Robert R. Harris is good as Pete Dumond but his sudden transformation from mild-mannered make-up artists to a snarling, devious psychopath is a bit unbelievable and it spoils the final act in the film. You never buy this character change for a second. There are a lot of unnecessary characters floating around the film too and the police investigations are pointless – it wouldn’t take a brain surgeon to spot the link between a disgruntled ex-employee and murdered old bosses. Another point is that around an hour into the film, it suddenly bursts into glorious Technicolour! There seems to be no point to this whatsoever except to sell a few more tickets with colour stills from the film gracing the promotional posters.


How to Make a Monster is pretty poo but given that it was 1958 and garbage like this sold seats back then, I can tolerate it to a certain degree. Almost.





Death Proof (2007)

Death Proof (2007)

A White-Hot Juggernaut At 200 Miles Per Hour!

Stuntman Mike is a former Hollywood stuntman who uses his “death proof” stunt car to kill women. He has just finished off his latest victim when he targets a new group of girls he meets at a diner. Unfortunately he doesn’t reckon on them being tougher than his usual prey and they begin to turn the tables on their tormentor when his attempts to kill them fail.


Quentin Tarantino is an enigmatic director whose work I’ve never been a major fan of. Reservoir Dogs and Pulp Fiction are classics but the rest of his films are sketchy, self-indulgent and seem to wallow in homaging older genres to which someone like me has never seen or simply has no interest in seeing. Tarantino and his best friend, fellow director Robert Rodriguez, came up with the idea of Grindhouse, a double-bill homage to trashy 70s exploitation films, in which both would direct a feature film, place them back-to-back and then throw in a load fake trailers in the intermission to add to the authenticity (some of which are now being made into feature films themselves including Machete, the pick of the fake trailers). The films were scratched and muffled to give them an ‘old school’ feel and some reels have purposely been cut out to again make it look like it was from the 70s. I have to laugh when I read reports that Americans walked out of the cinema after the end credits of the first film had finished because they thought that the film was over. Do they not read reviews or previews of the films they’re going to watch? The two films were then split up and released separately. Death Proof was the first one and received more commercial success than Planet Terror, which failed to ignite at the box office but, in my opinion, is the far superior flick.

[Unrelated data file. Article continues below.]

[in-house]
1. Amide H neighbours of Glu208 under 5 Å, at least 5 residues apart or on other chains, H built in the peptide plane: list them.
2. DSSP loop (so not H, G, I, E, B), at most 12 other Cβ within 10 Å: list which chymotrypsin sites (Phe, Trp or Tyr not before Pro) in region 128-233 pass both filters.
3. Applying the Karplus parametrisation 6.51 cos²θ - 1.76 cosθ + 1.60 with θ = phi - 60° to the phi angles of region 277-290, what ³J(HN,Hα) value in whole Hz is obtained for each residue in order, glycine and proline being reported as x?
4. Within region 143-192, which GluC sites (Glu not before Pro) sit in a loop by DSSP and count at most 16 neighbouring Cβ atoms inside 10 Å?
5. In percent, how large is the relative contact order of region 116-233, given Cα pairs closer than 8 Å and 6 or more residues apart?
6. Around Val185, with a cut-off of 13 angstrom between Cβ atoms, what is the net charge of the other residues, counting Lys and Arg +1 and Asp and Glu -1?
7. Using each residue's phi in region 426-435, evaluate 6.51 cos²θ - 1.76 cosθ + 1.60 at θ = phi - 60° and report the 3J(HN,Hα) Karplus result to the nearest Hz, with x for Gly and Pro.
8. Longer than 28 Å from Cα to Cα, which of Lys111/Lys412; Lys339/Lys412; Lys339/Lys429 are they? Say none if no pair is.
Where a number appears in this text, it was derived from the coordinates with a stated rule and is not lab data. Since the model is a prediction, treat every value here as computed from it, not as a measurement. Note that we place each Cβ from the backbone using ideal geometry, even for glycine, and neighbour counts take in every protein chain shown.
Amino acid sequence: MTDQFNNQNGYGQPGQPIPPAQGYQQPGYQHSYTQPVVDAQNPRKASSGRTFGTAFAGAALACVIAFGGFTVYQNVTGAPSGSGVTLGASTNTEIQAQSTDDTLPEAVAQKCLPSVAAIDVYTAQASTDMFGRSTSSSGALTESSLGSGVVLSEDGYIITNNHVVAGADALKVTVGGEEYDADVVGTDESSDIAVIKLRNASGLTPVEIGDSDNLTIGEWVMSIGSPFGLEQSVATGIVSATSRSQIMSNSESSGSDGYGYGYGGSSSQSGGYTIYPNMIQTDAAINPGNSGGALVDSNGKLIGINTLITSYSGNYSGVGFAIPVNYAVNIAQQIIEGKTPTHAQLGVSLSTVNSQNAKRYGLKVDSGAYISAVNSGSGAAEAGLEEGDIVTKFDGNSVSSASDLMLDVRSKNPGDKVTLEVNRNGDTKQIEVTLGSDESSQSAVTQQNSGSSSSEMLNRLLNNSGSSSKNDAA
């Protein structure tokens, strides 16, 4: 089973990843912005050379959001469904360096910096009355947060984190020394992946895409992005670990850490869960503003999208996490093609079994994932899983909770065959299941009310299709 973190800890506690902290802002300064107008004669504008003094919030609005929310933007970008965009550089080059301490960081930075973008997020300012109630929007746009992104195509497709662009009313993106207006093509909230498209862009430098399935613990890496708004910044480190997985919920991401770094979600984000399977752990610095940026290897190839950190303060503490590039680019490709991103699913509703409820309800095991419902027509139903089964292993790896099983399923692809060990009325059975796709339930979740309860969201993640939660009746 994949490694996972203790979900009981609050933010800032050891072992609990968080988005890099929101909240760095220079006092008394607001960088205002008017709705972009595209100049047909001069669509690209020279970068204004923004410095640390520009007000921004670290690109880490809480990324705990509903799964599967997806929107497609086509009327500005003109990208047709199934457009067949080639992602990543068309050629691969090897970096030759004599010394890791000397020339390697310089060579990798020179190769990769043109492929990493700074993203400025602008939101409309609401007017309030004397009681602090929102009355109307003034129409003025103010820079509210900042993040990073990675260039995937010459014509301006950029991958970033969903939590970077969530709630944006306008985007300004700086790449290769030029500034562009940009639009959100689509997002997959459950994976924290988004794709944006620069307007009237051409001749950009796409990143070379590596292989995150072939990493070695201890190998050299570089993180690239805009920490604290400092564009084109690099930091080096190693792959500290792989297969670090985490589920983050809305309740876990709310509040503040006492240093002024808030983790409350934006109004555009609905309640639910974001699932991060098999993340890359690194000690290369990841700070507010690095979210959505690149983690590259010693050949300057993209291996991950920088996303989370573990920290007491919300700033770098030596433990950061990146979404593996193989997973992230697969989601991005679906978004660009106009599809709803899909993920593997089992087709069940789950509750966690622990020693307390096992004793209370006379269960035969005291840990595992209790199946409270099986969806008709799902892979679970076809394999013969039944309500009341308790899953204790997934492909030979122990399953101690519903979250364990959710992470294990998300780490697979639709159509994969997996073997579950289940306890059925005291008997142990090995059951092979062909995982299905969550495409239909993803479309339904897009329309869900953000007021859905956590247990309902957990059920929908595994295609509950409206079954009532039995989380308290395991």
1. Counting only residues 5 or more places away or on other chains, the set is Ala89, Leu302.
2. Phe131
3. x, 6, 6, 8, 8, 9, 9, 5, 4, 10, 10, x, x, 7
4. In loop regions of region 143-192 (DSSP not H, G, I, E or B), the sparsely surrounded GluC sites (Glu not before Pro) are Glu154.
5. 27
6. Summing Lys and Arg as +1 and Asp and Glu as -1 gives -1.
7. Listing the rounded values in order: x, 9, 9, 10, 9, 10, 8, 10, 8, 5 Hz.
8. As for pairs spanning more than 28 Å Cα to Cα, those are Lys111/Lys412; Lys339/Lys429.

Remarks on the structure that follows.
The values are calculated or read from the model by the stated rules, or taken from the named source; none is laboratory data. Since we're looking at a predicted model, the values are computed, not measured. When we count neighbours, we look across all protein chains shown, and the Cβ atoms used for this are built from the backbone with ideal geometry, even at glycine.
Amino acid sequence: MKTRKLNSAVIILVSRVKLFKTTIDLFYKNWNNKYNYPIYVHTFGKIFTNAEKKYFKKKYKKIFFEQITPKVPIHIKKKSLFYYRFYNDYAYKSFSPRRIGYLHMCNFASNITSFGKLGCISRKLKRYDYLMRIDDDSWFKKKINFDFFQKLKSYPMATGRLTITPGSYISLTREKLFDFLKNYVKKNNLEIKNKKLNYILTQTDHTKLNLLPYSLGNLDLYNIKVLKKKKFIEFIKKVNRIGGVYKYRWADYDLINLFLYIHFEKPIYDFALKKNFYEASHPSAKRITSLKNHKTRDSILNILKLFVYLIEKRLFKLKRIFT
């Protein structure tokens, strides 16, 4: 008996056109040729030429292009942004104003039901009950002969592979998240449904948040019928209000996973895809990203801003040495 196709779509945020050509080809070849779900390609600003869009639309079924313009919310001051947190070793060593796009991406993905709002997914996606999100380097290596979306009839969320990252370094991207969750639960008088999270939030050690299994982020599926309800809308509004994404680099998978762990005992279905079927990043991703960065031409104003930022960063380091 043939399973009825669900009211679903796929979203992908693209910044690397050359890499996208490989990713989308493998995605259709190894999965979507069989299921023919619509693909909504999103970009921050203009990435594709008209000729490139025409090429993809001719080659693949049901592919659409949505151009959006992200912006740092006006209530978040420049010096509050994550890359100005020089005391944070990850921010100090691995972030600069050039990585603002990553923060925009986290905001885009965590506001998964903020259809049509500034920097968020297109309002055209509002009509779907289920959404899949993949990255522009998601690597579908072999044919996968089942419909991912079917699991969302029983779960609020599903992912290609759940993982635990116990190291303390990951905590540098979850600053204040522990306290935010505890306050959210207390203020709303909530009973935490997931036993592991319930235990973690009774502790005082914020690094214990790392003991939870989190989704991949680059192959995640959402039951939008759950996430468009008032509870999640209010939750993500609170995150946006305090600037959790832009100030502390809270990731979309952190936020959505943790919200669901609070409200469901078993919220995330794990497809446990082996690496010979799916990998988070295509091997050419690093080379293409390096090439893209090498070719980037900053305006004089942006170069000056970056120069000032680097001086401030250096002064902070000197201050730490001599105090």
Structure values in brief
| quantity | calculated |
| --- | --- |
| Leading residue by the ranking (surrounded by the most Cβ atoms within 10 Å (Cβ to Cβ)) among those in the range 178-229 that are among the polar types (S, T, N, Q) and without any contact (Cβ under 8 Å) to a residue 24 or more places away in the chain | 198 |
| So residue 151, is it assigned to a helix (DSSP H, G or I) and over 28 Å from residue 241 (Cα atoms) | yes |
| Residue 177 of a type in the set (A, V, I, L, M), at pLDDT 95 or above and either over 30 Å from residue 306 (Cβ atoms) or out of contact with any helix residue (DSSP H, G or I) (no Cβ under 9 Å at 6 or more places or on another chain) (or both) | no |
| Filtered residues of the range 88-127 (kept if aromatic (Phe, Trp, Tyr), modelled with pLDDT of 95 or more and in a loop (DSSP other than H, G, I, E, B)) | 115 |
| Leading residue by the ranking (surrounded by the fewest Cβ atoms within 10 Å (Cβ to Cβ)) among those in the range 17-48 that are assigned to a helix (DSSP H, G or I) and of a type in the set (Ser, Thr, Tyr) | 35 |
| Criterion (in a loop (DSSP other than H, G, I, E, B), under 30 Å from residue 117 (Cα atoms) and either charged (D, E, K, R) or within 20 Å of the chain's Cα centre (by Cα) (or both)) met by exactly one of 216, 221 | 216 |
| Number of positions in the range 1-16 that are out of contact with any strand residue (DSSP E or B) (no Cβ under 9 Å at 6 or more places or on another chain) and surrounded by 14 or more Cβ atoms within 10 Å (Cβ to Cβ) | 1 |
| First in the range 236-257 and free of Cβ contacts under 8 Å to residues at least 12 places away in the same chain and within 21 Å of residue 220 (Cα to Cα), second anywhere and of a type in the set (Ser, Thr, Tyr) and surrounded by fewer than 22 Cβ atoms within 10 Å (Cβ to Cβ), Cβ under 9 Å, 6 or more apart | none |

Death Proof has very little story and that could easily have been set up as a short story. Instead the film is padded out to one hundred and fourteen minutes of pure boredom and it’s basically the same hour repeated again. Stuntman Mike comes across a group of girls, gets to know them, they talk about sex and drugs and all that stuff and then the girls leave before being pursed by the ‘death proof’ car with Mike at the helm. Once he kills off the first group of girls, you wonder where the film is going to go but Mike simply walks into another bar and meets another group of girls. It’s almost exactly the same routine as the first half with the same sort of self-indulgent dialogue tripe from Tarantino before the end chase.